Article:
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Comment: Re:Good for science and engineering, too (Score 1) 318

by 644bd346996 (#36044500) Attached to: Hewlett Packard's Cult Calculator Turns 30

I'm fairly well-versed in interactive use of MATLAB and ipython/numpy/scipy. I also have an HP-50g next to my monitor, with the USB cable plugged in so I don't need to keep replacing the batteries every few months.

Generally speaking,

I use ipython if :
- the problem has a significant non-mathematical component (string processing or some other general-purpose programming language task), or
- I want good looking 3d graphs

I use MATLAB if:
- I need to plot a bunch of things (2d), or
- the problem is almost entirely linear algebra

I use the 50g if:
- the problem is short enough to quickly write on paper, or
- the programming only requires a handful or short routines, or
- neither of the above programs is running, and the problem won't take more than a minute or two to type in and run on the 50g

There's a strong inverse relationship between the power of a calculating tool and it's usability. For really short stuff with only one or two variables, the ergonomically-ideal 15c is much much quicker than the clumsy notation of numpy. The 50g, with it's math-optimized keyboard and GUI, is often much faster than either desktop option because the bottleneck is the typing process, not the computation process.

Comment: Re:15c (Score 1) 318

by 644bd346996 (#36044394) Attached to: Hewlett Packard's Cult Calculator Turns 30

So, it doesn't have a physical keyboard, it's slower for all but the most complex operations that a 12c or 15c can do, it gets 1/1000th the battery life, and it has a monthly fee. Sounds great.

It's really a perfect illustration of the downside to device convergence. Your smartphone is jack of all trades, master of none. The 15c, on the other hand, has very little room for improvement: the screen contrast, battery life, and execution speed could be improved, and the price could be lower. The rest of it is basically perfect, and couldn't be improved without seriously compromising another feature. (eg. it could support more functions, but only by compromising the usability significantly.)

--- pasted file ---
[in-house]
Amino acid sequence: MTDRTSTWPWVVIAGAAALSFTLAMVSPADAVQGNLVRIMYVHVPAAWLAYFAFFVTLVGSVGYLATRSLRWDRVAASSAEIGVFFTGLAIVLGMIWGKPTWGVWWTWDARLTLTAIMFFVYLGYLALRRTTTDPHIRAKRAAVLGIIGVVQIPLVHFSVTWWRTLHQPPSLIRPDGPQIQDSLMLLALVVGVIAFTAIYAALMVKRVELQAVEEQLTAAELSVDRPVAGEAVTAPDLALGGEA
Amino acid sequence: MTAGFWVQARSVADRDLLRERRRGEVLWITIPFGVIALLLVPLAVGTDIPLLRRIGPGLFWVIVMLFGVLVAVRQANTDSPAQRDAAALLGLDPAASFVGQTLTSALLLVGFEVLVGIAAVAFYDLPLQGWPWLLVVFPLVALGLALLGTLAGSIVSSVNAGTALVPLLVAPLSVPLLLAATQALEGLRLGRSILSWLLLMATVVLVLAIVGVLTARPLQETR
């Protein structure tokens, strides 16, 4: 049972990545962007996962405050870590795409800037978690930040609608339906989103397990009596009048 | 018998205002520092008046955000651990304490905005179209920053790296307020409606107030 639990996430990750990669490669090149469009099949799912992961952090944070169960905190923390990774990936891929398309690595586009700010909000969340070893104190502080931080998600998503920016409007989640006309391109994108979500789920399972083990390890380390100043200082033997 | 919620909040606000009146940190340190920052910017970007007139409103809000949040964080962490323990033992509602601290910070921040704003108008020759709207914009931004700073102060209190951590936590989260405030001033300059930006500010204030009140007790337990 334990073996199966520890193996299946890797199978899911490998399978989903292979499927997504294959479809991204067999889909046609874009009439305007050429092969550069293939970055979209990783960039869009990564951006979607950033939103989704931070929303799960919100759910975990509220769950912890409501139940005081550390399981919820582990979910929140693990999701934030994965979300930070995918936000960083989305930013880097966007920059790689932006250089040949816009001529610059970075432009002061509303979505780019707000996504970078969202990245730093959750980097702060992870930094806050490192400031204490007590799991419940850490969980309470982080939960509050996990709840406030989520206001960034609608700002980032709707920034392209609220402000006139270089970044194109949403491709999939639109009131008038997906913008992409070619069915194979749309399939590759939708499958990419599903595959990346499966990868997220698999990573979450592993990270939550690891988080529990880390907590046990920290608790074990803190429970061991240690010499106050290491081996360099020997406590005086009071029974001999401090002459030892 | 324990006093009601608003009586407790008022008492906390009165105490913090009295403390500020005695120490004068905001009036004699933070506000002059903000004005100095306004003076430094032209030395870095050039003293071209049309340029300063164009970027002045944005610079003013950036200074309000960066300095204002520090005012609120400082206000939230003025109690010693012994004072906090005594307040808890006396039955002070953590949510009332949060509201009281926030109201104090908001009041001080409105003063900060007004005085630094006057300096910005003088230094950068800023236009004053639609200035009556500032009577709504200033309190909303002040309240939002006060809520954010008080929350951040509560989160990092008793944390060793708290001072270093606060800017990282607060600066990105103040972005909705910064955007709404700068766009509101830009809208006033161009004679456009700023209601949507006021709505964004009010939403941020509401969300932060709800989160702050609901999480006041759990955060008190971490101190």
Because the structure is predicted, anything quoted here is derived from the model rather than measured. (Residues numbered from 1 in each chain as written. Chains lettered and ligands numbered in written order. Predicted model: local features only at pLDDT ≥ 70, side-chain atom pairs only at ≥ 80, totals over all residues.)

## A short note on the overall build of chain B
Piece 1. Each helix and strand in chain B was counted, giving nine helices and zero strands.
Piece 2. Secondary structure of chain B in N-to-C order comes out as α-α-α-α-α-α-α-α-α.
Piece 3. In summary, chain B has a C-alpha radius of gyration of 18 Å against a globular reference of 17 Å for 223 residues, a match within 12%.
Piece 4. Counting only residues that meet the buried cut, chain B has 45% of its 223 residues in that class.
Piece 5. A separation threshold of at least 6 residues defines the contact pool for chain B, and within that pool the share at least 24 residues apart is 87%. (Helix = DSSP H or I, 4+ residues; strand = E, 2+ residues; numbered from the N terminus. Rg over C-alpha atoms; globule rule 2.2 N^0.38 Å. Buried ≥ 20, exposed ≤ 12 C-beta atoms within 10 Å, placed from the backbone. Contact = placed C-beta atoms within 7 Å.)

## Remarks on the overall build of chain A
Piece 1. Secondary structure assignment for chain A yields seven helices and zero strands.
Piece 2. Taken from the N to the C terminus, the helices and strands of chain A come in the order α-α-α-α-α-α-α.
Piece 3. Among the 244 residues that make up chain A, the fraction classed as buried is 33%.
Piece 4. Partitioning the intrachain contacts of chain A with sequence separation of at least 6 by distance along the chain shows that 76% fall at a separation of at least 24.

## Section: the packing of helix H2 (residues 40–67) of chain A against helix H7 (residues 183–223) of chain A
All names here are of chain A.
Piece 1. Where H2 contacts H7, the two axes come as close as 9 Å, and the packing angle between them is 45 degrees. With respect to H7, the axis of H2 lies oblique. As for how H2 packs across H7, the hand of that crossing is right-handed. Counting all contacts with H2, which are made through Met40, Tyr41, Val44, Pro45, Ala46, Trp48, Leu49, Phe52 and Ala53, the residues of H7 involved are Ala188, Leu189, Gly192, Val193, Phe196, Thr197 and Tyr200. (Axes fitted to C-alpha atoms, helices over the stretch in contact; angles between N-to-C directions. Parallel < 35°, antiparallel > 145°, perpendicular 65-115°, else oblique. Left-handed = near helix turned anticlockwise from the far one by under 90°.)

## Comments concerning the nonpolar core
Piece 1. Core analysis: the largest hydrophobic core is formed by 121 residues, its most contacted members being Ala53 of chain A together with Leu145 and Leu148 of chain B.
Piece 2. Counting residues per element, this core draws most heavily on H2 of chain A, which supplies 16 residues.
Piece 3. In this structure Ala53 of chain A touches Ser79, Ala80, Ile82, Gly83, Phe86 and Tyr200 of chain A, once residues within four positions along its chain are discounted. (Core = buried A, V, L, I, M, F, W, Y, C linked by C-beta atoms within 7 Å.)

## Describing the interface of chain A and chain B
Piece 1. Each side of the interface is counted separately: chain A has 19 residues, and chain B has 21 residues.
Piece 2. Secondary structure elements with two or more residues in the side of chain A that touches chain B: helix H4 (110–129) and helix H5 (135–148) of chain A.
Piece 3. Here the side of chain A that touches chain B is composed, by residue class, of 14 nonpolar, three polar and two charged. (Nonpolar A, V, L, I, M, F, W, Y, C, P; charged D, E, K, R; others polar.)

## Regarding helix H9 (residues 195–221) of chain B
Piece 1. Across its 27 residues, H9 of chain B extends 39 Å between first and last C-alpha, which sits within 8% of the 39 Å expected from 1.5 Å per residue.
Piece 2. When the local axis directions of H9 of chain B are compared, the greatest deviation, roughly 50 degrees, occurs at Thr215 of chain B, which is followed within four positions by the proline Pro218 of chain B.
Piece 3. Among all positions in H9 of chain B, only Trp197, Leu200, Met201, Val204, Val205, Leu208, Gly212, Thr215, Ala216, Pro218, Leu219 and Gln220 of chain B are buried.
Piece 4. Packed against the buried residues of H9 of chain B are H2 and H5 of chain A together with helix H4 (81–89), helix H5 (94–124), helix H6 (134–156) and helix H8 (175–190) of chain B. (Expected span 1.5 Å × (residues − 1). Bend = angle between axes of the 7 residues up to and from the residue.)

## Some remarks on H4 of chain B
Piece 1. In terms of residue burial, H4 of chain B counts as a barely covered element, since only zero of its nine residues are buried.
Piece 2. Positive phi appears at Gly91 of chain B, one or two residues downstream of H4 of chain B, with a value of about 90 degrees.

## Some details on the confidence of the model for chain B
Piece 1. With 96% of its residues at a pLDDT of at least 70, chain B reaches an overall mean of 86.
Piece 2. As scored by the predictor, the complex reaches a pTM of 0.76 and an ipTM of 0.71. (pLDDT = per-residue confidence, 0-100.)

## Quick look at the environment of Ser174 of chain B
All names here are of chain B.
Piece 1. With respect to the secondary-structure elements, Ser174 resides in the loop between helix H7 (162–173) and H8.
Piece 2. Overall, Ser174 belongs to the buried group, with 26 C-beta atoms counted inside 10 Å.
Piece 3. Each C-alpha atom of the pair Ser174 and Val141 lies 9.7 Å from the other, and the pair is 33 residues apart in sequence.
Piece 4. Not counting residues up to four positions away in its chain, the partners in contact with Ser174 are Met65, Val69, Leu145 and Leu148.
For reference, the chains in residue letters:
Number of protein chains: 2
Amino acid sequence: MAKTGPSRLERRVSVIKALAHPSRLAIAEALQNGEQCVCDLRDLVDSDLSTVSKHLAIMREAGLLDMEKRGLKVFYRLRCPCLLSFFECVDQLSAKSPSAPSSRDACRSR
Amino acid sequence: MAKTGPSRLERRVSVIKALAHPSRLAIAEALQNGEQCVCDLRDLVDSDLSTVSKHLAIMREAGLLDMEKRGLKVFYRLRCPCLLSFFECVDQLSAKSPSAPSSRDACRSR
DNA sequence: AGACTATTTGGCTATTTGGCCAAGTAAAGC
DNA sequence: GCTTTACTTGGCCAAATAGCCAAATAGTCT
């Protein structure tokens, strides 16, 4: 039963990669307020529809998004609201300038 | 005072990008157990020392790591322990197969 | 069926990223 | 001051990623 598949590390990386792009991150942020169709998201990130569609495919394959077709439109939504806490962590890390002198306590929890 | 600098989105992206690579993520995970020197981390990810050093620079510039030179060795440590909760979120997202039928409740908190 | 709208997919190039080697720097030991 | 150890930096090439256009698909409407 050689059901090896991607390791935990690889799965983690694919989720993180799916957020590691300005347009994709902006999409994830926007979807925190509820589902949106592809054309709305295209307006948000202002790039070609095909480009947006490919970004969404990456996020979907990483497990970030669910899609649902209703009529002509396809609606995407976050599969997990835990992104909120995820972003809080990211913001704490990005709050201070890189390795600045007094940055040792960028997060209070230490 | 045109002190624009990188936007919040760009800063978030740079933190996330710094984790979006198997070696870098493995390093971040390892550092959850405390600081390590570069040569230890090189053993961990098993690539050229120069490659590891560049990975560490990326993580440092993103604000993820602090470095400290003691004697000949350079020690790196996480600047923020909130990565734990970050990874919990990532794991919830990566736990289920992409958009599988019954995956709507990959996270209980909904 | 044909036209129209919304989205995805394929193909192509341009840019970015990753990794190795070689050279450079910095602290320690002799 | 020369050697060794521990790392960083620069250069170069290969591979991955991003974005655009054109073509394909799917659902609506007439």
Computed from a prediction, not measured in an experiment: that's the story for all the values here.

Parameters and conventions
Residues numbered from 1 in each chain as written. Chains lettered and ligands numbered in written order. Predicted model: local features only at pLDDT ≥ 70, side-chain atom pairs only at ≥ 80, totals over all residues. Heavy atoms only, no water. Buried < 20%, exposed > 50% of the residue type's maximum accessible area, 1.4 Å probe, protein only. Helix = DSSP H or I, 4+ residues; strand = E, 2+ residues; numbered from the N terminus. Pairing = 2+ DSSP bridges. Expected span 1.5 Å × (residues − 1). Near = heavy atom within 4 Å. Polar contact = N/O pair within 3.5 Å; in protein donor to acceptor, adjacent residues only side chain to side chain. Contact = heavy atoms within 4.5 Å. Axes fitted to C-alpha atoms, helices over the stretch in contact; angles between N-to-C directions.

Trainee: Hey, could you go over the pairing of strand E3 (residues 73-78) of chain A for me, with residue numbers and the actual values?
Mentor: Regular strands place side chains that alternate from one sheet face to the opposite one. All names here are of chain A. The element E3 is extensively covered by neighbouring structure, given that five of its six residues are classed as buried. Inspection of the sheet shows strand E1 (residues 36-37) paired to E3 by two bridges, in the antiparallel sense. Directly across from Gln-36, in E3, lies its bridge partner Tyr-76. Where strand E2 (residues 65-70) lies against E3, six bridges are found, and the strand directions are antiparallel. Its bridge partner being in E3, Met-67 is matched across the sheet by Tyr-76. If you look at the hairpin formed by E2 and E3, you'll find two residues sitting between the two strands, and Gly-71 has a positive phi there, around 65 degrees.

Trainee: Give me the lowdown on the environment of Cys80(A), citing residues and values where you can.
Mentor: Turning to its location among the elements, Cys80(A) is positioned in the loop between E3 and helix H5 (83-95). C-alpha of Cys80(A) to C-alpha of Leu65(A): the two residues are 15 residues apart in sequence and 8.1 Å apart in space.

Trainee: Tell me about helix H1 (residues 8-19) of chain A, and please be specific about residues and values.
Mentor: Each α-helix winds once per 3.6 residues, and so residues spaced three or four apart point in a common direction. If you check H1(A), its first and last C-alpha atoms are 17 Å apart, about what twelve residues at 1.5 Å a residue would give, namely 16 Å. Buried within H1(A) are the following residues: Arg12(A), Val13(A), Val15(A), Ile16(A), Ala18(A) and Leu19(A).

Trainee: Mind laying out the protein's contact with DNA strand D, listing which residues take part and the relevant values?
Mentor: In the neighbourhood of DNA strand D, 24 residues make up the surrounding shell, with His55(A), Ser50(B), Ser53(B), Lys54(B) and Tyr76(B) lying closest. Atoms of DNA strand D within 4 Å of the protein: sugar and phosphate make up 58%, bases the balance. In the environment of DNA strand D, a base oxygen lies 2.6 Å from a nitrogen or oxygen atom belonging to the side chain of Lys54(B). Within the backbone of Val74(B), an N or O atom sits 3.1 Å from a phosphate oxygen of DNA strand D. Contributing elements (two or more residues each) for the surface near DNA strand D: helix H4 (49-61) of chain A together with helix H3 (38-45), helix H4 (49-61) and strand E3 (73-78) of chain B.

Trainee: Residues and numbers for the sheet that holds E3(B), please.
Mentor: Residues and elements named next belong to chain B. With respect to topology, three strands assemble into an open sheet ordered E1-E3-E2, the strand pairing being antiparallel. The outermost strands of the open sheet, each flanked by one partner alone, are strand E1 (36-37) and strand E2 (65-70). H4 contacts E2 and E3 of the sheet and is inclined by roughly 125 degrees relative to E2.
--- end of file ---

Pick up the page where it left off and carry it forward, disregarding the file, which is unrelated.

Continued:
Comment: Re:Not all that surprising (Score 1) 120

by 644bd346996 (#35979736) Attached to: Nvidia and AMD Hug It Out, SLI Coming To AMD Mobos

Nowadays, you can actually force ICC to emit code that will use up to SSSE3 on AMD CPUs, but only if you don't use runtime code-path selection. (More specifically, you have to tell ICC that the least-common-denominator code path should use SSSE3, which defeats the purpose of runtime code-path selection. ICC will always choose the slowest available code path for an AMD CPU, but you can prevent it from including a non-SSE code path.)

Comment: Re:Seems a smart move (Score 1) 120

by 644bd346996 (#35979698) Attached to: Nvidia and AMD Hug It Out, SLI Coming To AMD Mobos

For the hardcore gamers who don't have unlimited budgets, it might be logical to buy the cheapest CPU that won't bottleneck your games, and pair it with the fastest graphics cards you can afford. Particularly if your games can use the GPU for the physics engine, you might not need even AMD's high-end CPUs to keep a pair of NVidia cards busy.

Comment: Re:Domination (Score 0) 198

by 644bd346996 (#35468382) Attached to: China Switching To Home-Grown Chips For Supercomputers

If a company like Intel is still making big mistakes like the Sandy Bridge chipset problem, what reason is there to believe that there will still be a correlation between design flaw frequency and experience if everyone under discussion has at least a few years and more than one product cycle under their belt? Do you really think that anybody who was at Intel during the 1980s is helping them prevent design flaws?

Comment: Re:Dont mean to sound selfish (Score 1) 752

by 644bd346996 (#35462866) Attached to: Nuclear Emergency Declared At 2 Plants In Japan